What’s it like, being in India?

23 Apr


Well, mainly, chaotic for the mind. This place simply disbelieves time. Walking around in Mumbai, you’d think Alice has put the gold key in the lock.

Perhaps if you walked around on your own, you would have time to digest and pass on to others in a coherent manner what you are experiencing. But, and let me add thankfully, we are being hosted by my wonderful cousin Eli and her family. Expats here since last year, the stories they tell are just as mind-boggling as the sights and smells in the streets.

If I were to tell you everything that has happened since last Friday, we’d spend hours here. But I have India on my doorstep and you have, I assume, lots to do as well. I am therefore going to simply write down whatever comes to mind over the next few minutes. It is bound to be messy, but at least I get to scribble down some thoughts and keep friends and family a bit updated.

So, here goes:

We’re in a high-rise apartment building. On the TV, “You can’t escape the sun, but you can reverse the tan”.There is a swimming pool downstairs, a garden with palm trees, a fence to the shacks. In the shadow of the luxury building, a handful crooked, one-room huts that cost so much to rent that forty people shackshare. Twenty sleep at night, twenty come in the morning to sleep during the day.

We pull out with the car. There is a sikh with a blue turban in the front seat. Past the children waiting at the entrance, children of the construction workers nearby, waiting to get breakfast from the rich man who lives in the building. He feeds them every day. Karma.

In the city, Leopold Cafe of Shantaram, with bullet holes from when terror shock the city in 2008. And the best butter chicken I have ever had. Three strawberry cocktails. We head for the Gateway of India, where children line up to have their photo taken with the pale giants. Men sell giant balloons. Again, into the air-conditioned car, hiding from the 40 degree heat, and onwards to the local tailors. Layers of colourful fabric lining the walls. Tailors bent over small, black sewing machines. Again, I see India through books I have read. A thin line. Two tailors leave their village and the caste violence. I order two linen trousers and buy two kurtas. A maze of shops.

Into the air-conditioned car. To malls, frequented by the middle class and the wealthy. Emporio Armani, Hugo Boss. One has a roller coaster on the top floor. Eli’s daughter and I join an Indian flash mob. We laugh, when in India. People take more photos of me than I take of them. We go to Starbucks, where we meet an Indian college professor who has returned to Mumbai after 18 years in the US. She speaks of gender roles. Of how men speak to her son, her husband, and not to her, and how women here have an uncertain future. We talk about our travels, which we now see as a loop from Mumbai and up north. Who knows, maybe Dalai Lama is home?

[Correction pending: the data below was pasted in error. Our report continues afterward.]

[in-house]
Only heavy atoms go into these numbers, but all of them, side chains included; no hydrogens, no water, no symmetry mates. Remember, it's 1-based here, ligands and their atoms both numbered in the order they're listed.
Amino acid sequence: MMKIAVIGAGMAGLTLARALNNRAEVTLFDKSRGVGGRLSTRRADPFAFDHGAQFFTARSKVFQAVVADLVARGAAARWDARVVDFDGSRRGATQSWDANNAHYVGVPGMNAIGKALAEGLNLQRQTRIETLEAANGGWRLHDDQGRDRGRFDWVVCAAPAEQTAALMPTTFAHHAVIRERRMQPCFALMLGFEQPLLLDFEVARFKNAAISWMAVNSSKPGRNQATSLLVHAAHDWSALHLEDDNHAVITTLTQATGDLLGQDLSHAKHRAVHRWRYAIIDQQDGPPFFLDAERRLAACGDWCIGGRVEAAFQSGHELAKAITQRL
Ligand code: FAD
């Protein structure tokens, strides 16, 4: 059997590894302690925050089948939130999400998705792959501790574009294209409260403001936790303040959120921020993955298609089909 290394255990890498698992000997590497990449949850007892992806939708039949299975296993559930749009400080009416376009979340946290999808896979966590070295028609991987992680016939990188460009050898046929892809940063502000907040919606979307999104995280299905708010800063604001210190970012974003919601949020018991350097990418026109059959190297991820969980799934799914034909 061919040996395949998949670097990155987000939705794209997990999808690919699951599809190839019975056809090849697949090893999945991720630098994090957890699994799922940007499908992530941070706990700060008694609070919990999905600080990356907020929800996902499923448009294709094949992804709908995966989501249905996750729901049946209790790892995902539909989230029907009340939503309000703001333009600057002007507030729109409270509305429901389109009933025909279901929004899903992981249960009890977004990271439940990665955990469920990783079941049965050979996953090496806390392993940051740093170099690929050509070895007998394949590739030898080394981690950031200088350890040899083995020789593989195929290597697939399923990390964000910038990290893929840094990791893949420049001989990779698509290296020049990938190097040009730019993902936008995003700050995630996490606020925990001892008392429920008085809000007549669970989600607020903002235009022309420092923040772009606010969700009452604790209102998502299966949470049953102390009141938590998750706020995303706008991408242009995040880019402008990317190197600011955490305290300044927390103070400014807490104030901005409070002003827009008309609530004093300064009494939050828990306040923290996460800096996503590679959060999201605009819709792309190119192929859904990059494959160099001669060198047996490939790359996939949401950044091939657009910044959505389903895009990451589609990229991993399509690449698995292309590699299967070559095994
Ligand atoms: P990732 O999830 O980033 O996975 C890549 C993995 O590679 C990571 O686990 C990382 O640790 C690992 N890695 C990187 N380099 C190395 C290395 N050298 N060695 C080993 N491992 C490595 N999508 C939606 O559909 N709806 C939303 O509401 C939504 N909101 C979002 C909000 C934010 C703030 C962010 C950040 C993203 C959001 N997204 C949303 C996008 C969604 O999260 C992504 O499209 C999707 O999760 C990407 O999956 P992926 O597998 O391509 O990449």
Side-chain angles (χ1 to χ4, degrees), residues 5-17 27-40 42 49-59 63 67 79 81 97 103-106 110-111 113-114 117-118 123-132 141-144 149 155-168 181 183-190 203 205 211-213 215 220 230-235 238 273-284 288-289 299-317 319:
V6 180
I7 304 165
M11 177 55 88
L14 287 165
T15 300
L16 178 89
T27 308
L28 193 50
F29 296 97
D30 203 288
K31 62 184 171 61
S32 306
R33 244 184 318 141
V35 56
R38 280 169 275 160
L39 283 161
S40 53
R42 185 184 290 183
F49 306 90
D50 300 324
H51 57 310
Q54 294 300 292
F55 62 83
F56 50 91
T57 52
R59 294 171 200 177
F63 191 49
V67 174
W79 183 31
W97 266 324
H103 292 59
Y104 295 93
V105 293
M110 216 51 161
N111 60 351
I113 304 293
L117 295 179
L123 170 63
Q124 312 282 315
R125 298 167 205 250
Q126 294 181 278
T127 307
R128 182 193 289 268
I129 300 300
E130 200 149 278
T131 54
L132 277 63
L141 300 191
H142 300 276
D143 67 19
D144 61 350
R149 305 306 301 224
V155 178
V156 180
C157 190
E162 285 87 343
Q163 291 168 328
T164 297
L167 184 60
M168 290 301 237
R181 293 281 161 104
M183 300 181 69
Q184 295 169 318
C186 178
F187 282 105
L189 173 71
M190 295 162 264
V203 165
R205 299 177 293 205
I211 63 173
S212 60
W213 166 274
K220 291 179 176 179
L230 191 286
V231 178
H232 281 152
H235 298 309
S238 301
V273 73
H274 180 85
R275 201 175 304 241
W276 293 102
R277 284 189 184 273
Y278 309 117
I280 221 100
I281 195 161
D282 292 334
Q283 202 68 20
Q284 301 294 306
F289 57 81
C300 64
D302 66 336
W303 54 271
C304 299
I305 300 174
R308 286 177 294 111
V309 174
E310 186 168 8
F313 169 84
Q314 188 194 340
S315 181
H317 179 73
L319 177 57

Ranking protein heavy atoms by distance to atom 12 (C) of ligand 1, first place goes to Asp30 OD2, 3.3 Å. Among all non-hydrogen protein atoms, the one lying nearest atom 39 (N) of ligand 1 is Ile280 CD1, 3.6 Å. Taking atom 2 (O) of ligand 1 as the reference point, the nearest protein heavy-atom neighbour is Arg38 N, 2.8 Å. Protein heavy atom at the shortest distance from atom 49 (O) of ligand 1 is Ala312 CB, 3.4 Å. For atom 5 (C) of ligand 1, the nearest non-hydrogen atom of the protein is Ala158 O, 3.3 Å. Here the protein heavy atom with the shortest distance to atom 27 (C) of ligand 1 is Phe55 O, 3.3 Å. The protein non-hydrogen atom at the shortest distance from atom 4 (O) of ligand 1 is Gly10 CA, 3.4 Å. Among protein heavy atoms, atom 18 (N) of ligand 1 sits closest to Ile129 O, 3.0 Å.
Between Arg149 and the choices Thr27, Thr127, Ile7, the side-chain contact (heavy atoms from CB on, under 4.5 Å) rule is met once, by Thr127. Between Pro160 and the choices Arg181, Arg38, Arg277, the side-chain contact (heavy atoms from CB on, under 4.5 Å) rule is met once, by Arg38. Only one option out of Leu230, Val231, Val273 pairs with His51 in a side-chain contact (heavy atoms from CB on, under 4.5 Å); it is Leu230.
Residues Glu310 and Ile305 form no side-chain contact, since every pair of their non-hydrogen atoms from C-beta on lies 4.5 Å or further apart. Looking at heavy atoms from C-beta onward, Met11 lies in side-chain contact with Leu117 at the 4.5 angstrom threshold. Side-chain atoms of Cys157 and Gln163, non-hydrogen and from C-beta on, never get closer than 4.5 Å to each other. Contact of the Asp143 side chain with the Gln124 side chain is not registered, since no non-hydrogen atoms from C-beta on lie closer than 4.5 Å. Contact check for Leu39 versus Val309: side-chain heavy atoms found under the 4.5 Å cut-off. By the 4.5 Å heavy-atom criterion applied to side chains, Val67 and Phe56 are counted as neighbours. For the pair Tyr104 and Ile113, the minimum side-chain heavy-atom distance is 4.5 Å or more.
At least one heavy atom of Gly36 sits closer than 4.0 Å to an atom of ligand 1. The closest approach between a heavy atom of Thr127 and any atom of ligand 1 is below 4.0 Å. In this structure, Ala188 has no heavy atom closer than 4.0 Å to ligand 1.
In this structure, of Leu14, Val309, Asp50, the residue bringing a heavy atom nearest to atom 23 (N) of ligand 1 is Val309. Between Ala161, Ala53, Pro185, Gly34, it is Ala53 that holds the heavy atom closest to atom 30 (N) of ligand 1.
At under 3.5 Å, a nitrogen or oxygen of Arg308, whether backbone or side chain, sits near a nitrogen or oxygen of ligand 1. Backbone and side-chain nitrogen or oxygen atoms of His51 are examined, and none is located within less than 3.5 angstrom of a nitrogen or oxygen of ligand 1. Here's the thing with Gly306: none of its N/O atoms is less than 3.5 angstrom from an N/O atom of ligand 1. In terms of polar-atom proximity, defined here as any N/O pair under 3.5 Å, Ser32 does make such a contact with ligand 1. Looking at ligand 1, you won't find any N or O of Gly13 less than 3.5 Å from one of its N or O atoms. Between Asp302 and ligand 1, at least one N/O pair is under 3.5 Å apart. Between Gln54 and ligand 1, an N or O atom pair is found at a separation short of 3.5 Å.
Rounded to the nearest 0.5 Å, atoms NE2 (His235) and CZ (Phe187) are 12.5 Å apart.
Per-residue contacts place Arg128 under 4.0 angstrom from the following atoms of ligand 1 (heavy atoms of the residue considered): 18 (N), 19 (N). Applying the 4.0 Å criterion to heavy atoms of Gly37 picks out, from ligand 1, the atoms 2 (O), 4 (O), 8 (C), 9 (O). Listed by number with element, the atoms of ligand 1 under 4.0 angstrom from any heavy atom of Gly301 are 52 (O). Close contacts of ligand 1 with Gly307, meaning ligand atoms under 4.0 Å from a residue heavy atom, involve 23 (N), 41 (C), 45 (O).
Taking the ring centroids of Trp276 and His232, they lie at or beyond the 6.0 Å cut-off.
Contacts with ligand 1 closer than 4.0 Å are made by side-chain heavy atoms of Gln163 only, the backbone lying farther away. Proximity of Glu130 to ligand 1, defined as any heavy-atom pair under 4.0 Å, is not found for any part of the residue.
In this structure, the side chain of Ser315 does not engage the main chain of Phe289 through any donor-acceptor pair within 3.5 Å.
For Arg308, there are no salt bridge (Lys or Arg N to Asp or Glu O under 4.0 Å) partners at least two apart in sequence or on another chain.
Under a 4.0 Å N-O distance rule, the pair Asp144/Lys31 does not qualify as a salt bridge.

The view of Mumbai, the highrises, which makes us compare it to New York. That passes quickly. In the sea, small children swimming. They are not looking for fish, but for plastic, our guide says. They sell it in Dharavi, the slum from Slumdog millionaire. A small boy waves to my camera, he is far out in the sea. Young men demand photos. I decline. I pose for women and children. Our cheerful guide points to people who are standing next to us with scales. You know, we Indians don’t like to watch our weight, she laughs. So, we don’t have scales at home. If we are in the mood and want to know our weight, we come to these. When she weighed herself the last time? A bubbly laughter. Maybe a year ago.

The garbage, the goats, the stench. My stomach churns. A small boy spots my camera and does a little dance. The white, crumbling mosque. Used as a mausoleum, so women are allowed to peek inside. Though not go inside, still inferior. A brush made out of peacock feathers is tapped on my head. Blessed. The temples. I remove my shoes. A six-year old girl looks after them for three rupees. Officious security guards look through my bag. It feels like airport security. I am given a blessed sweet. I give it to a child. I toss the rose from the temple in the ocean and make a wish.

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